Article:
The Florida Legislature is poised to pass a bill that would create the “statutory footing” for direct primary-care agreements among physicians, patients and employers.
The Senate on Wednesday took up the House version of the bill (HB 37) and positioned it for a vote as soon as Thursday.
Under direct primary-care agreements, patients pay monthly fees to doctors or other providers for defined primary-care services.
After paying the fees, patients can utilize all services under the agreements at no extra charge.
The bill, sponsored in the Senate by Thonotosassa Republican Tom Lee, would amend the state insurance code to make clear that direct primary-care agreements do not violate insurance regulations.
Primary care providers are defined as physicians, osteopathic physicians, chiropractors, nurses or primary-care group practices.
The bill also would require direct primary-care contracts to be in writing.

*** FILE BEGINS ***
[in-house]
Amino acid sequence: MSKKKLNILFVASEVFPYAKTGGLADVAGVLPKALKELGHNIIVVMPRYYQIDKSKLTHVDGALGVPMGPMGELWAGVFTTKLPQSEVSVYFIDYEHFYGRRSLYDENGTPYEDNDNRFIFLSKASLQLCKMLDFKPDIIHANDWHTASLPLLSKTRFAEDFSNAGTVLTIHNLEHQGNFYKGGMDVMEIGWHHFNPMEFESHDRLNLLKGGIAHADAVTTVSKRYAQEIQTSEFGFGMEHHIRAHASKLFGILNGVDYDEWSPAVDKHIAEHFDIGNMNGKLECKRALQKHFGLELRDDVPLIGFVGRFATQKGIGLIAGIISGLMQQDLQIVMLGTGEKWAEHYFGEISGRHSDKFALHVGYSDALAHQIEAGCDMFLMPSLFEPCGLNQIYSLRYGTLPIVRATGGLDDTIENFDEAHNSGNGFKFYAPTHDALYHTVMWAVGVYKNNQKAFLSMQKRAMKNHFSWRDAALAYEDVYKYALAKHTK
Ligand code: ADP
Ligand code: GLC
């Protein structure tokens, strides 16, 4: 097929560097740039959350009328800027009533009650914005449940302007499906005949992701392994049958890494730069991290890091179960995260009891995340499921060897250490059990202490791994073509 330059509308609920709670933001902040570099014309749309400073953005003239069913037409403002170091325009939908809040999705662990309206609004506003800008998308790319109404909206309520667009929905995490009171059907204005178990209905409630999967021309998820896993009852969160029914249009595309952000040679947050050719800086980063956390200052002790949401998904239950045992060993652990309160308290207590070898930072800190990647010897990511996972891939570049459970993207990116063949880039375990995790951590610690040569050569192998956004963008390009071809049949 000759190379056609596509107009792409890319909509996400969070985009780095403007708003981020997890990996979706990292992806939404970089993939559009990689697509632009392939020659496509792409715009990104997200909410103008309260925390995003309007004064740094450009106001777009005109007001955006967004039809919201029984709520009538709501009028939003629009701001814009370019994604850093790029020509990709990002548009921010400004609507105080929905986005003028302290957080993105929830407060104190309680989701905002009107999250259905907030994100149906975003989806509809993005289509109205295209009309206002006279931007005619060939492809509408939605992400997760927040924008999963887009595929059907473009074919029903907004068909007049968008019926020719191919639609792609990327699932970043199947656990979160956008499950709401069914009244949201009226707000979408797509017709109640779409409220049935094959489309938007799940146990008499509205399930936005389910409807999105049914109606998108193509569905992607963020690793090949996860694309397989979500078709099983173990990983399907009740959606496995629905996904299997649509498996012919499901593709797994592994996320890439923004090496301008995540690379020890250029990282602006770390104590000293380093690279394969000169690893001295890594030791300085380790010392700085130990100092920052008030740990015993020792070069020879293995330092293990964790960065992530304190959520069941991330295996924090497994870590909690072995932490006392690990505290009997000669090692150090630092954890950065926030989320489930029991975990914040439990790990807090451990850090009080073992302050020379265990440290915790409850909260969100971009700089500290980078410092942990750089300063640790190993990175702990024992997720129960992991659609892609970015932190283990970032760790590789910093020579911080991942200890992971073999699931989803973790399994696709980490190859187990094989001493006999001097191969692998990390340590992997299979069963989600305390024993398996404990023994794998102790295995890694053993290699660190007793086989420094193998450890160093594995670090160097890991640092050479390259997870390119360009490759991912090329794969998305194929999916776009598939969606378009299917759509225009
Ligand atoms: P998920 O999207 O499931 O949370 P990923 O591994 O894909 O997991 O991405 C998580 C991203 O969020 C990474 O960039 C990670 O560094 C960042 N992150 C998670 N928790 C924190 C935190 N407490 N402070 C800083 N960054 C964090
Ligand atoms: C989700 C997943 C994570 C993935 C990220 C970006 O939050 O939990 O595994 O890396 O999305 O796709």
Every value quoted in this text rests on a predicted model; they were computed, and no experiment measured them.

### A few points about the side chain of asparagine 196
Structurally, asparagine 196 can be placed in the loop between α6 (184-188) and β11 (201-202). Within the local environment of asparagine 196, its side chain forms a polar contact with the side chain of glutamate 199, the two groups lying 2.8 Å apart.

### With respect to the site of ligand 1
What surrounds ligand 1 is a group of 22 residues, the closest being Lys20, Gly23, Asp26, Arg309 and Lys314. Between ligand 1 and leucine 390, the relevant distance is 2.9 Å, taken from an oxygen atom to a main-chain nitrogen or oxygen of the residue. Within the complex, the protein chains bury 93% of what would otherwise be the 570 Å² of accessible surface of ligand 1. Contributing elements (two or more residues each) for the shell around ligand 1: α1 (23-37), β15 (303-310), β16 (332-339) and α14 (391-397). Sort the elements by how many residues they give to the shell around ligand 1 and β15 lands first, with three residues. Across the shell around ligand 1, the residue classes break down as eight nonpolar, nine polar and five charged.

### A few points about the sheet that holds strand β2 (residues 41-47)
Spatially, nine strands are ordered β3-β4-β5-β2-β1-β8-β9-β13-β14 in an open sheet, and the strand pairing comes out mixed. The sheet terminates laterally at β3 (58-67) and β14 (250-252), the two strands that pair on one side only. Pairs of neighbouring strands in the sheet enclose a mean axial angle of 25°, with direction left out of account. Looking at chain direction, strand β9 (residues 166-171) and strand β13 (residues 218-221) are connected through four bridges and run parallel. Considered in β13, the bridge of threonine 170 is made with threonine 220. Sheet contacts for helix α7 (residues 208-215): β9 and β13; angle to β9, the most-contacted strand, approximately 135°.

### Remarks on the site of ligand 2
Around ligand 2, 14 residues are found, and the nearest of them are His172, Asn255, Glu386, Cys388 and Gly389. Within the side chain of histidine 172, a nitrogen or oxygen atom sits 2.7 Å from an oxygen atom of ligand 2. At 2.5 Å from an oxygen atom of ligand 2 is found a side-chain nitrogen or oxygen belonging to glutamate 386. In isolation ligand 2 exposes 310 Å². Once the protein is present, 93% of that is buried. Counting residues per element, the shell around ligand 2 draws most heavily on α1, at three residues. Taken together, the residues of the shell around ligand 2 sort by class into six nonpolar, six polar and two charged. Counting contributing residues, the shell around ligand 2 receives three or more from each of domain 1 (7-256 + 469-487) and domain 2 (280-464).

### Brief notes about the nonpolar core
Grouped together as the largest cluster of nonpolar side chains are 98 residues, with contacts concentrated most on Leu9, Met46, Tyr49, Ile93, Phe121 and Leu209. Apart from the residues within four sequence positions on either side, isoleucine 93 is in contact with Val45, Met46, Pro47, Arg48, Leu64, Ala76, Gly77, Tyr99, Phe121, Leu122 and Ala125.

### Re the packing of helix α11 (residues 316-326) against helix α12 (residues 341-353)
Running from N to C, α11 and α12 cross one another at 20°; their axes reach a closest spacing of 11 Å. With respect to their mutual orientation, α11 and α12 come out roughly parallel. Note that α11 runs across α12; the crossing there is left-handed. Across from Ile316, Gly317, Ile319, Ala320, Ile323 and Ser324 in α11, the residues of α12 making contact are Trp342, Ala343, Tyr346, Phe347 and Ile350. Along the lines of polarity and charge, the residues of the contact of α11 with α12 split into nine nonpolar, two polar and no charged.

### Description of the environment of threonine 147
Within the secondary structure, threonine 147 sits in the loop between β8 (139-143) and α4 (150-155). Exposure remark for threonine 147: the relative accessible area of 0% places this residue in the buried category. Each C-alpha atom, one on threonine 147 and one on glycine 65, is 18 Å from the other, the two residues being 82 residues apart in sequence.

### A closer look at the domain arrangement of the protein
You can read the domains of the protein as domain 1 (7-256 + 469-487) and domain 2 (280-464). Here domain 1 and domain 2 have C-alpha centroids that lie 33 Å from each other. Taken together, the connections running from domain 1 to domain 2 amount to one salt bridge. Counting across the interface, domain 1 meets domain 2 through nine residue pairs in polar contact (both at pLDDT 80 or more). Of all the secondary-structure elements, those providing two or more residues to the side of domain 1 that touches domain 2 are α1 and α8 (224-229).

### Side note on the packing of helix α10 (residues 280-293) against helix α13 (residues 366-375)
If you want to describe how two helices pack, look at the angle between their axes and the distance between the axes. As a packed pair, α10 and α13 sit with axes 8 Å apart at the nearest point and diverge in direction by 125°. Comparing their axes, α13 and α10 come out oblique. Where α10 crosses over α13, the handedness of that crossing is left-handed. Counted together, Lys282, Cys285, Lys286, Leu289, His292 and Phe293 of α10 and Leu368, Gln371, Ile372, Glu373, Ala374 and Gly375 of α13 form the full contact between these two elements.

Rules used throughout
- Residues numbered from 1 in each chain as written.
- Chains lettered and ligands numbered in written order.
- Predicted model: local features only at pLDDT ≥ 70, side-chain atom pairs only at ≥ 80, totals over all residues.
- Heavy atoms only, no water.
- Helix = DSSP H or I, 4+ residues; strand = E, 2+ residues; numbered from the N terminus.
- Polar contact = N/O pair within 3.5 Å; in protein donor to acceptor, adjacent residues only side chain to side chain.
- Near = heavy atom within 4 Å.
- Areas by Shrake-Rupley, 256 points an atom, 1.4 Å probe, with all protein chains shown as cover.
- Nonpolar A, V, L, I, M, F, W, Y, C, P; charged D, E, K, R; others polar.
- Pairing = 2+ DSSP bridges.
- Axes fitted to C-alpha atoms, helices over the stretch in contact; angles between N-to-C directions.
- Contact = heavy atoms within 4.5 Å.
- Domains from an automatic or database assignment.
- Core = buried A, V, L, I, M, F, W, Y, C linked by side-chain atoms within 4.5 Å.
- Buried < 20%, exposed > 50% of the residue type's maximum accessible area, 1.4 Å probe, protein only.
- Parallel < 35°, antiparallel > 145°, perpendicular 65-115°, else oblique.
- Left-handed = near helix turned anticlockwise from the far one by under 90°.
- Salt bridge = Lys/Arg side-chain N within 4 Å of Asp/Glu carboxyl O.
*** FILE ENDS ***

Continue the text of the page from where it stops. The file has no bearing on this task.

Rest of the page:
Lee said the bill would give freedom to physicians and their staff members from insurance companies and filing forms that can divert up to 35 percent of their time.
The bill has been a priority of House Speaker Richard Corcoran, R-Land O’ Lakes, for four years.
The House passed the bill this session by a 97-10 vote.
The small-business group National Federation of Independent Business Florida also has championed the proposal for several years.
“Direct primary care takes out the friction costs between doctors and their patients,” NFIB Florida Executive Director Bill Herrle said in a text message to The News Service of Florida.
News Service of Florida